Fe xii 186.88 Å is in fact a blend of two Fe xii lines, 186.854 Å and 186.887 Å. For our density diagnostics we will use the sum of both lines referred to as 186.88 Å. A small S xi blend at 186.84 Å is reported but from the available wavelength windows this potential blend could not be directly quantified but the ratio of intensity to 195.12 Å is so large that it may not have a significant effect on any density diagnostics. Fe xiii 203.82 Å is more problematic with a significant blend in the red wing identified as Fe xii 203.72 Å. This has been removed by using a double Gaussian fit to pick out the smaller Fe xii component from the main Fe xiii line. Fe xiii 203.82 Å is itself a blend of two Fe xiii lines at 203.828 Å and 203.797 Å and again the total of both will be used in density diagnostics.

Table 1

Emission lines used in the analysis.

Fe xiv 274.20 Å has a blend with Si vii 274.18 Å, the ratio of Si vii 274.18/275.35 is seen to be no more than 0.25, so by fitting the available Si vii 275.35 Å line, the blend of Si vii 274.18 Å with Fe xiv 274.20 Å can be safely removed.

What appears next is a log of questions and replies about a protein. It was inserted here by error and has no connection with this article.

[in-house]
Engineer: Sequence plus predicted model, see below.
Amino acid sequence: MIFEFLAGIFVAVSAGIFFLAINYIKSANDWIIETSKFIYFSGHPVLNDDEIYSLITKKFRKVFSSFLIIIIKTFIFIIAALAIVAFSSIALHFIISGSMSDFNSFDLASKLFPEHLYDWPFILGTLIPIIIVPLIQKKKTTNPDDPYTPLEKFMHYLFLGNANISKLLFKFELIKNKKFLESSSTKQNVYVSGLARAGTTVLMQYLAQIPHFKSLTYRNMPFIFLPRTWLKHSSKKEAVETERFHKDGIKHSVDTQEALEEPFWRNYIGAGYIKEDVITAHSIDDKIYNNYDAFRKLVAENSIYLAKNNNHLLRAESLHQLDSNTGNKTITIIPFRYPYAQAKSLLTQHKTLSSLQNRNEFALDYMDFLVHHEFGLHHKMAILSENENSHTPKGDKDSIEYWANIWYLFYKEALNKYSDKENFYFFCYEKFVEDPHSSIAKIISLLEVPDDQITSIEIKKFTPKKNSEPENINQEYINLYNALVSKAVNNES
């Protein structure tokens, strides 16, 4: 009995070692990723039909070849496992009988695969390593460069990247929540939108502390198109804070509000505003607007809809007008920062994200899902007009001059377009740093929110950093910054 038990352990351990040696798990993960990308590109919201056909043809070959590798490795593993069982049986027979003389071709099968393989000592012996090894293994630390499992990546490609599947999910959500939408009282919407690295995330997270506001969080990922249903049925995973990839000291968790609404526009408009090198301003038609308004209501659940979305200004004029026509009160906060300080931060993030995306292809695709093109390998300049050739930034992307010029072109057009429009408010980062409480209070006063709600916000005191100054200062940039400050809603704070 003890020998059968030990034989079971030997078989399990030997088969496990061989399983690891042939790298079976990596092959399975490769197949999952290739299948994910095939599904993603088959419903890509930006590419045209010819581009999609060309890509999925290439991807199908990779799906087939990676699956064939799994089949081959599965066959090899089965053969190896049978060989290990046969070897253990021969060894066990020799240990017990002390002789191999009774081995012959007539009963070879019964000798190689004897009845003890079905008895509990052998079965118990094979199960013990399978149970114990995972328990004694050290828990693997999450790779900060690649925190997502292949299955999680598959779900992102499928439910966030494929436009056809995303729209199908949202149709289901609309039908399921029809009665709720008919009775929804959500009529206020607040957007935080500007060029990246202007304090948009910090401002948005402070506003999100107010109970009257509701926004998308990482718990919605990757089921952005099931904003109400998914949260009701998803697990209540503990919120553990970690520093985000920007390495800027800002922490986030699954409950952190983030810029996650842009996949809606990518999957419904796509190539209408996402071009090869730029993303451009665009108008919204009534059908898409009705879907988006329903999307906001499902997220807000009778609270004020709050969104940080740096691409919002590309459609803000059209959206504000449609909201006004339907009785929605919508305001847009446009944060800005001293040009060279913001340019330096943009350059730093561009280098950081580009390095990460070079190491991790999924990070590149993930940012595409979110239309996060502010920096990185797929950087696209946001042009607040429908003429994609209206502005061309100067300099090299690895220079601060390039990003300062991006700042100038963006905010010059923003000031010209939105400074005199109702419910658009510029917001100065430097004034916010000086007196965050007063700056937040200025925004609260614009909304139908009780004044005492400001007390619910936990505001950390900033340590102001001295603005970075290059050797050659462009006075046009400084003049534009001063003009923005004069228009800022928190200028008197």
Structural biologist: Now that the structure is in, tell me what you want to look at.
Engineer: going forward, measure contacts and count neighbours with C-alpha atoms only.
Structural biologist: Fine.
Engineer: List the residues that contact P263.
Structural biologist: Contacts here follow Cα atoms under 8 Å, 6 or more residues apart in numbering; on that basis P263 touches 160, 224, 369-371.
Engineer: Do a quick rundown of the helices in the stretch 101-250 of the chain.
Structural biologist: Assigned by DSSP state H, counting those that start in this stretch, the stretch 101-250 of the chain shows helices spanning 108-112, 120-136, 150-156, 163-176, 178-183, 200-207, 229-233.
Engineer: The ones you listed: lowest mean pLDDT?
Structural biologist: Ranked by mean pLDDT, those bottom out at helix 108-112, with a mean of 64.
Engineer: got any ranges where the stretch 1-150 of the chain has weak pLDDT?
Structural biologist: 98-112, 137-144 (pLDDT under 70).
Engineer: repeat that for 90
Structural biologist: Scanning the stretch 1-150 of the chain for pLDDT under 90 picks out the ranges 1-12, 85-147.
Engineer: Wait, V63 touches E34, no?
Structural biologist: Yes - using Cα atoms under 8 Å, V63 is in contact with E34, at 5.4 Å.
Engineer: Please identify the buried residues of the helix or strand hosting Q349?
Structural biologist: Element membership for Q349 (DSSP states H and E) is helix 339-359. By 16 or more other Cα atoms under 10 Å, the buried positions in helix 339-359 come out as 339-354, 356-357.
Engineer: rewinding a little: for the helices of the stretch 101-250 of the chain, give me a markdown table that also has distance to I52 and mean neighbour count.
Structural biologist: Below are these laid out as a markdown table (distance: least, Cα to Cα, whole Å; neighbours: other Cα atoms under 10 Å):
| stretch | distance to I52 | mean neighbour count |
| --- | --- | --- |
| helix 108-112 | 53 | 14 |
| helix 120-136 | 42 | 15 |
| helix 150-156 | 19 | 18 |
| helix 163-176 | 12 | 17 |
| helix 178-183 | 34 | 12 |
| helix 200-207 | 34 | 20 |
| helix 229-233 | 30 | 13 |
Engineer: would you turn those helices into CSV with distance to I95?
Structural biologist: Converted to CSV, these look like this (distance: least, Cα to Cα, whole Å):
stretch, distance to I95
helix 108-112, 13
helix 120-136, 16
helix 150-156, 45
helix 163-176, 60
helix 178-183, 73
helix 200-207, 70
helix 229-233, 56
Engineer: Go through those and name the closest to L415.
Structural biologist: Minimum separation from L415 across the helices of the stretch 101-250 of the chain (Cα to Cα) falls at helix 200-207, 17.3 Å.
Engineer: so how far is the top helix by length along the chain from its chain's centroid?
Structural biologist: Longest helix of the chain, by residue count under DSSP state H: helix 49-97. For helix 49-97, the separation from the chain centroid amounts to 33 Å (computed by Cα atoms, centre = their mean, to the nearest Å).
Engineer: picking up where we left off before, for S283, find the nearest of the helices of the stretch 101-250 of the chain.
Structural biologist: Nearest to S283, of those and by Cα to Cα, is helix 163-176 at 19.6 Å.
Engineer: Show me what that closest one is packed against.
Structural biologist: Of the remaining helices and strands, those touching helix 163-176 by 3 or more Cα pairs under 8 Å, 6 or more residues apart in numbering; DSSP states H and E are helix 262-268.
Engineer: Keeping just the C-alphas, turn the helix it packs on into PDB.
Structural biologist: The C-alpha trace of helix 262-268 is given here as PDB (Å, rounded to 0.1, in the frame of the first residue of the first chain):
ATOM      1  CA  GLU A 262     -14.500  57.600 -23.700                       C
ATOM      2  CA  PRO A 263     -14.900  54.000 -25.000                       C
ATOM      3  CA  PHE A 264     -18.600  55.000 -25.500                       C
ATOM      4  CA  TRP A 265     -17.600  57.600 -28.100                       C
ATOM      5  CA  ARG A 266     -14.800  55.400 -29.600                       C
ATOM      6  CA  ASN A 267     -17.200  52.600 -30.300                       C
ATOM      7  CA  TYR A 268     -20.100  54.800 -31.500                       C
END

Not all of the lines present were suitable for analysis. The relatively small nature of the flare meant that good line profiles in hotter flare lines were often completely masked by lower temperature blends, or the signal was too weak to be reliable.

thumbnail Fig. 4

Fitted rasters for Fe xii. The top and second row show the intensities in each of the lines used in forming the diagnostic, with the upper one being produced by excitation from the metastable (density sensitive) level. Velocity maps are produced using the 195.120 Å line and overlaid with density contours at log ne = 10.2. The first four columns correspond to the impulsive phase, with the fourth column at the observed peak.

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thumbnail Fig. 5

As in Fig. 4 but for the Fe xiii density diagnostic pair. Velocity maps are produced using the 202.04 Å line and overlaid with density contours at log ne = 10.2.

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thumbnail Fig. 6

As in Fig. 4 but for the Fe xiv density diagnostic pair. Velocity maps are produced using the 264.78 Å line and overlaid with density contours at log ne = 9.9.

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thumbnail Fig. 7